Mobile Malware Increasing Rapidly, Causing Risks for Enterprises
A recent report conducted by Kindsight Security Labs discovered that the number of malware infections affecting mobile phones are increasing at dramatic rate. In the first half of this year infections have already risen 17 percent, while infections rose 20 percent during all of 2013. There are nearly 15 million infected mobile devices worldwide, according to the study
The report also found that 60 percent of mobile devices infected with malware run on the Android platform. Malware is more easily spread on Android devices because the digital control certificates used to sign applications are not controlled and are usually self-signed and unable to be traced back to a developer. While malware infecting Android devices is increasing, malicious software affecting Windows computers is still the biggest problem security researchers are seeing. In fact, the report found that 40 percent of mobile malware stems from a Windows-based laptop being connected to the mobile device.
“Android smartphones are the easiest malware target, but Windows laptops are still the favorite of hard core professional cybercriminals,” said Kevin McNamee, security architect and director of Kindsight Security Labs, in an interview with Telecoms.com. “The quality and sophistication of most Android malware is still behind the more mature Windows PC varieties. Android malware makes no serious effort to conceal itself and relies on unsuspecting people to install and infected app.”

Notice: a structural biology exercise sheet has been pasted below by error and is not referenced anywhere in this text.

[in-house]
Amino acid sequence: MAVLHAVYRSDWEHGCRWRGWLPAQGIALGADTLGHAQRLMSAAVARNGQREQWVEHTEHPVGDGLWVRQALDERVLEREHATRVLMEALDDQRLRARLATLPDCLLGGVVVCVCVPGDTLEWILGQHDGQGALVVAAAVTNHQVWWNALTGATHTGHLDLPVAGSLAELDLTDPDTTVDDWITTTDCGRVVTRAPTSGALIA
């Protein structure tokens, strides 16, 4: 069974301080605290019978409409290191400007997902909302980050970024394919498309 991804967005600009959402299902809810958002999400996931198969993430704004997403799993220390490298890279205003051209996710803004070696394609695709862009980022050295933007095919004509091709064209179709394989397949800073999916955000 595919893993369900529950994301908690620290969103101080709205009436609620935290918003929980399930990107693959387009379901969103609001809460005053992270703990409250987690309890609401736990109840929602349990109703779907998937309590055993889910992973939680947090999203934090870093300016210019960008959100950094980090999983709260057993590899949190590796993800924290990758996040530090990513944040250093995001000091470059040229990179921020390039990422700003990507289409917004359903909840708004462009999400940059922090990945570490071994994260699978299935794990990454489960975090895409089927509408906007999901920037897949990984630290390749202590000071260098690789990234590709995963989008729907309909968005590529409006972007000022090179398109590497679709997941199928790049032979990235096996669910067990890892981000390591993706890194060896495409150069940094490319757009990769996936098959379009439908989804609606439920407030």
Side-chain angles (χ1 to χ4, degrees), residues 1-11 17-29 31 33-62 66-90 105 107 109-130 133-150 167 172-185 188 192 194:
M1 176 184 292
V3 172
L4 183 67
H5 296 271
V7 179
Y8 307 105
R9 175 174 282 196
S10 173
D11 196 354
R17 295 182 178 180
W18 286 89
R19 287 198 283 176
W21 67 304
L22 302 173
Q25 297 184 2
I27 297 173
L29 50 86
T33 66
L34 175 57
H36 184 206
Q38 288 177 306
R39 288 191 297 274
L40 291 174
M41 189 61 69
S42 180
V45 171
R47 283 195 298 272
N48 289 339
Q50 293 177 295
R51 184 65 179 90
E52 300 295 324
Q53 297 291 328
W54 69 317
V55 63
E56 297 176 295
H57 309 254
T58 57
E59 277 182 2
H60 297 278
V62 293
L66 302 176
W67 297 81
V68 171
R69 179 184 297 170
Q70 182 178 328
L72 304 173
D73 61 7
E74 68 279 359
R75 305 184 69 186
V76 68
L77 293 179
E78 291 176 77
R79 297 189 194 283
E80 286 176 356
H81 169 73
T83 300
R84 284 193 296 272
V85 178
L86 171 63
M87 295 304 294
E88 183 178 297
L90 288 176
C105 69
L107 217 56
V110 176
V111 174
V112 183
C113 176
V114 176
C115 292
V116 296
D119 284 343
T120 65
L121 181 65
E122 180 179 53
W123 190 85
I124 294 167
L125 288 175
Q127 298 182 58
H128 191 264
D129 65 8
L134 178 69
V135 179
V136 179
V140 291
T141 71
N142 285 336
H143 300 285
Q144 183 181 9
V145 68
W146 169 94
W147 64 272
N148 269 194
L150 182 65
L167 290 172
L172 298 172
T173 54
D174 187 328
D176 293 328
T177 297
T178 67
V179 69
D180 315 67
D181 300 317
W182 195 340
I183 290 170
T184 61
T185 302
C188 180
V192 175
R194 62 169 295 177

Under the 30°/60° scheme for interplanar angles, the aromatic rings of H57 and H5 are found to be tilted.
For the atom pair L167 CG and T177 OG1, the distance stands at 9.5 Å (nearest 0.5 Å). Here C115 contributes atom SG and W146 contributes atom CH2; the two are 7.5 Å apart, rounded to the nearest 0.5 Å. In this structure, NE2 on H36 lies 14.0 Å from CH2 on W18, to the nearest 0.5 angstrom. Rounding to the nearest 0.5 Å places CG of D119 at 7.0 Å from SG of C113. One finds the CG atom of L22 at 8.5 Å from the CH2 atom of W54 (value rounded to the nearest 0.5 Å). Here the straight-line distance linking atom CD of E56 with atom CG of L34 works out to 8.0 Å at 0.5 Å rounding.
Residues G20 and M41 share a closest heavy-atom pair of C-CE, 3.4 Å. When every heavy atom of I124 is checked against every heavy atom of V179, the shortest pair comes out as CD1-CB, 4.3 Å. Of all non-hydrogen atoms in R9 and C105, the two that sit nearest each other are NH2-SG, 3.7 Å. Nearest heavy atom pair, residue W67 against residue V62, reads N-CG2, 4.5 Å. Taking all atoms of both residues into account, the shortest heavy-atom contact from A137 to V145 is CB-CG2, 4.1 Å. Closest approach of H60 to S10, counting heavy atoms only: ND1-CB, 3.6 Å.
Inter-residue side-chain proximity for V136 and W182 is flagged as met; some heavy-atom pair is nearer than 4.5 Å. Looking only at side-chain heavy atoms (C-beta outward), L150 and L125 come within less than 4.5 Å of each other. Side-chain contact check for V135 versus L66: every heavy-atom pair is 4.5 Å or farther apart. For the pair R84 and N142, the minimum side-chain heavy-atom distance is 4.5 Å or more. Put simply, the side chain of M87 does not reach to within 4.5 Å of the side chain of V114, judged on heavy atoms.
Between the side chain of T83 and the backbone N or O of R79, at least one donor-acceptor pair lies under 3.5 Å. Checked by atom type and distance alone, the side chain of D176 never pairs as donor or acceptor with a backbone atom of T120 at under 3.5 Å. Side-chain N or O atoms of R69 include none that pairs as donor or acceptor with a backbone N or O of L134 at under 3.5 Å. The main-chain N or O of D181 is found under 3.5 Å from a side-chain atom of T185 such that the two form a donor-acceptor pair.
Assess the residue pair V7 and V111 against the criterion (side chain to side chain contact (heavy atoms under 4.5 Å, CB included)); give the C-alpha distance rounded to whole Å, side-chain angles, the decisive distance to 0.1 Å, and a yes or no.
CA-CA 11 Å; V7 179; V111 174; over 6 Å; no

The majority of the malware studied in the report was hidden in downloads from fraudulent, third-party app stores or phishing scams, but malicious applications can also be found on legitimate outlets like the Google Play store. Many of the infected devices had personal information stolen from them, as well as experiencing cybercriminals steal minutes from mobile phones and run up phony charges.
Employee mobile use potentially harmful to enterprise networks
McNamee encourages mobile users to be increasingly vigilant about detecting malware on their devices, noting that malicious apps can easily evade detection by device-based antivirus software. With the rise of bring-your-own-device policies, employees’ mobile phones are becoming a bigger risk for companies, as malware that infects a worker’s phone could potentially harm an enterprise system. Unfortunately for most businesses, cybersecurity isn’t a core competency or they are simply too understaffed to adequately protect sensitive information.
Luckily for businesses that aren’t sure how best to protect their systems, security information and event management services are available to watch over networks around the clock and provide actionable data about cybersecurity threats. With a concierge SIEM solution, in-house IT staff can be free to focus on business-critical projects while still ensuring the security of enterprise systems.